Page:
Why we can’t trust the US government about food.

Michael Pollan, in his 2007 article in the NY Times, “Unhappy Meals” http://www.nytimes.com/2007/01/28/magazine/28nutritionism.t.html?_r=1&pagewanted=1, explains how and when the US government was subverted into giving us bad advice about food: …”a little-noticed political dust-up in Washington in 1977 seems to have helped propel American food culture down this dimly lighted path. Responding to an alarming increase in chronic diseases linked to diet — including heart disease, cancer and diabetes — a Senate Select Committee on Nutrition, headed by George McGovern, held hearings on the problem and prepared what by all rights should have been an uncontroversial document called “Dietary Goals for the United States.” The committee learned that while rates of coronary heart disease had soared in America since World War II, other cultures that consumed traditional diets based largely on plants had strikingly low rates of chronic disease. Epidemiologists also had observed that in America during the war years, when meat and dairy products were strictly rationed, the rate of heart disease temporarily plummeted.

Naïvely putting two and two together, the committee drafted a straightforward set of dietary guidelines calling on Americans to cut down on red meat and dairy products. Within weeks a firestorm, emanating from the red-meat and dairy industries, engulfed the committee, and Senator McGovern (who had a great many cattle ranchers among his South Dakota constituents) was forced to beat a retreat. The committee’s recommendations were hastily rewritten. Plain talk about food — the committee had advised Americans to actually “reduce consumption of meat” — was replaced by artful compromise: “Choose meats, poultry and fish that will reduce saturated-fat intake.”
A subtle change in emphasis, you might say, but a world of difference just the same. First, the stark message to “eat less” of a particular food has been deep-sixed; don’t look for it ever again in any official U.S. dietary pronouncement. Second, notice how distinctions between entities as different as fish and beef and chicken have collapsed; those three venerable foods, each representing an entirely different taxonomic class, are now lumped together as delivery systems for a single nutrient. Notice too how the new language exonerates the foods themselves; now the culprit is an obscure, invisible, tasteless — and politically unconnected — substance that may or may not lurk in them called “saturated fat.”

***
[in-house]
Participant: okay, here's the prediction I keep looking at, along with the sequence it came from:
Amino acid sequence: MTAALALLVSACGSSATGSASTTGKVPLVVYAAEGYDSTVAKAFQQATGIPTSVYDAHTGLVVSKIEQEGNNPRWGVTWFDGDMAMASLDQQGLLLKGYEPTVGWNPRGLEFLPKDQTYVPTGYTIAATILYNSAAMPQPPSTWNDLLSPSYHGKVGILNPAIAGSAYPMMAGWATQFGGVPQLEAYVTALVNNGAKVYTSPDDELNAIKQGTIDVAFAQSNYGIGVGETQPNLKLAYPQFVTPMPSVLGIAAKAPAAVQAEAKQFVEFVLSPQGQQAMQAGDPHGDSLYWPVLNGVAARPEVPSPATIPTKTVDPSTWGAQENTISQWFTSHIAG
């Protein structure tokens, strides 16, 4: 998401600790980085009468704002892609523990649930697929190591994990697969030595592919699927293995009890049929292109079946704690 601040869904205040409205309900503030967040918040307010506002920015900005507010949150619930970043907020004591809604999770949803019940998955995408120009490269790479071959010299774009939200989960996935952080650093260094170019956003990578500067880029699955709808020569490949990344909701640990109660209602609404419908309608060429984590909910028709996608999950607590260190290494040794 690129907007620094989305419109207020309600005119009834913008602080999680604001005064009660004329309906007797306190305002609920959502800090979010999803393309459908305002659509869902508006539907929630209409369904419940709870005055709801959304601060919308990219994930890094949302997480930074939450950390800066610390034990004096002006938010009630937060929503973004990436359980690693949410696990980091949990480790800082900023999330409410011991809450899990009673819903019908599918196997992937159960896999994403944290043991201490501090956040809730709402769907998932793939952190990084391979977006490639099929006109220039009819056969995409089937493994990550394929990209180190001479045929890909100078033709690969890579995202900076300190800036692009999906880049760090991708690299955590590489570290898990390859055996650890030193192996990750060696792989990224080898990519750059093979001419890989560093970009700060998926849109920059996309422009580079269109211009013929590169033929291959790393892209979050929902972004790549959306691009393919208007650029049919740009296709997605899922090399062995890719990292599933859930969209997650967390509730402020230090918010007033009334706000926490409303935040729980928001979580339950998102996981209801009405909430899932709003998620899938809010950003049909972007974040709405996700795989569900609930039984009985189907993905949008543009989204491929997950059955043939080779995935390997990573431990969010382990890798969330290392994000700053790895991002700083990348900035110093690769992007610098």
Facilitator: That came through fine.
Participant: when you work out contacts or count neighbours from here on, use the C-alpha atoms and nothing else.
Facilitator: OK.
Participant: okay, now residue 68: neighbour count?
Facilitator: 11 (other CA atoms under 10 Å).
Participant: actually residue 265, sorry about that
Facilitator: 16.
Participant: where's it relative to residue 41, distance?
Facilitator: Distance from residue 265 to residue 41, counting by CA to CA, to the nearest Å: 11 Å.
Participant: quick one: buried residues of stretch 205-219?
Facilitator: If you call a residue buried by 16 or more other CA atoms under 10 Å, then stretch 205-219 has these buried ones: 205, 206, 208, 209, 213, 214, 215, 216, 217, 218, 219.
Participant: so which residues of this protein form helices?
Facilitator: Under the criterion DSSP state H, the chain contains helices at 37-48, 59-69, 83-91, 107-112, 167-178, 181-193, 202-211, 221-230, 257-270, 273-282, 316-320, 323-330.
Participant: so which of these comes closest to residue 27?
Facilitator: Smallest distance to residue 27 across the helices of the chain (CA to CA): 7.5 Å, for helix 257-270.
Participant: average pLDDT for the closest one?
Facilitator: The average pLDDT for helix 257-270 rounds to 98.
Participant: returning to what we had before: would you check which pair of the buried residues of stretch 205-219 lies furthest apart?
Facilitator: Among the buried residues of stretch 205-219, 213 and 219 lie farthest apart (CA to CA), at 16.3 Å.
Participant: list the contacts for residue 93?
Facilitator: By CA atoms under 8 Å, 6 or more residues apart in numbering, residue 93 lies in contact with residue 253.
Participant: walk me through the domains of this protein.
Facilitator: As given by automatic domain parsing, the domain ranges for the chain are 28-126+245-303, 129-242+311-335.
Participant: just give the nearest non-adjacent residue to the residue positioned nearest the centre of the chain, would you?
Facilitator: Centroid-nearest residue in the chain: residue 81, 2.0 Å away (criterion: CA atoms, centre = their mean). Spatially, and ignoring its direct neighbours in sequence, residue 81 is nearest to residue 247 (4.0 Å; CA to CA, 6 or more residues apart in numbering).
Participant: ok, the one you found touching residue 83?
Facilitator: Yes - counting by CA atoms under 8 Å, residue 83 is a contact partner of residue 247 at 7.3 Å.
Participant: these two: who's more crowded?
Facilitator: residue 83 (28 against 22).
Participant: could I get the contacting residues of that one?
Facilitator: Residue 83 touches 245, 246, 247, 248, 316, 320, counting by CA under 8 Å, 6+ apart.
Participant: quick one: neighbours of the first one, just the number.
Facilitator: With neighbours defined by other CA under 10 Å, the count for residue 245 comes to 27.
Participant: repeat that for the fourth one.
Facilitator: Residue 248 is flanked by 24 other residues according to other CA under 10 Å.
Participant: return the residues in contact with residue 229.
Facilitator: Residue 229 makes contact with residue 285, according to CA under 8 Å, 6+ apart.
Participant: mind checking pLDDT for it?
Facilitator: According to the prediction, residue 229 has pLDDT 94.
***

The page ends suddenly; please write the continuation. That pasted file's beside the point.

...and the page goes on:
The entire article is well worth reading – as also the rest of Michael Pollan’s books and articles.
When politicians wonder about why the US citizens no longer trust the government, and why so many people are obese, they should realize it is because the government doesn’t tell us the truth.

1 comment to Why we can’t trust the US government about food.

  • Ana

    “How did they do?”Well, I’m already winllig to replace the IPCC with any one of the 3 expert panels. :-)”Is one group’s panel better than another? If so, why?”Like others, I prefer Group 3’s panel, because Group 3 seems to have more clearly attempted to get diverse views (e.g. Hansen, Lindzen, “Could you have done better? If so, please explain.”Here were 11 of my 12 (not in order of anything):1) James Hansen 2) Patrick Michaels 3) Jesse Ausubel 4) Vaclav Smil 6) Arnold Kling 7) Richard Tol 8) Veerabhadran Ramanathan 9) James Hurrell 10) JFB Mitchell 11) Benjamin HortonNone of your three class groups has an expert on emissions. That’s a huge component of any analysis of future climate change. In contrast, my group has 2 experts on emissions: Jesse Ausubel and Vaclav Smil. My list also has two economists: Richard Tol and Arnold Kling. Maybe two economists is overkill, but there ought to be someone who has expertise in evaluating the economic effects of climate change.”The class awaits your feedback.”Overall, very well done, and very interesting.

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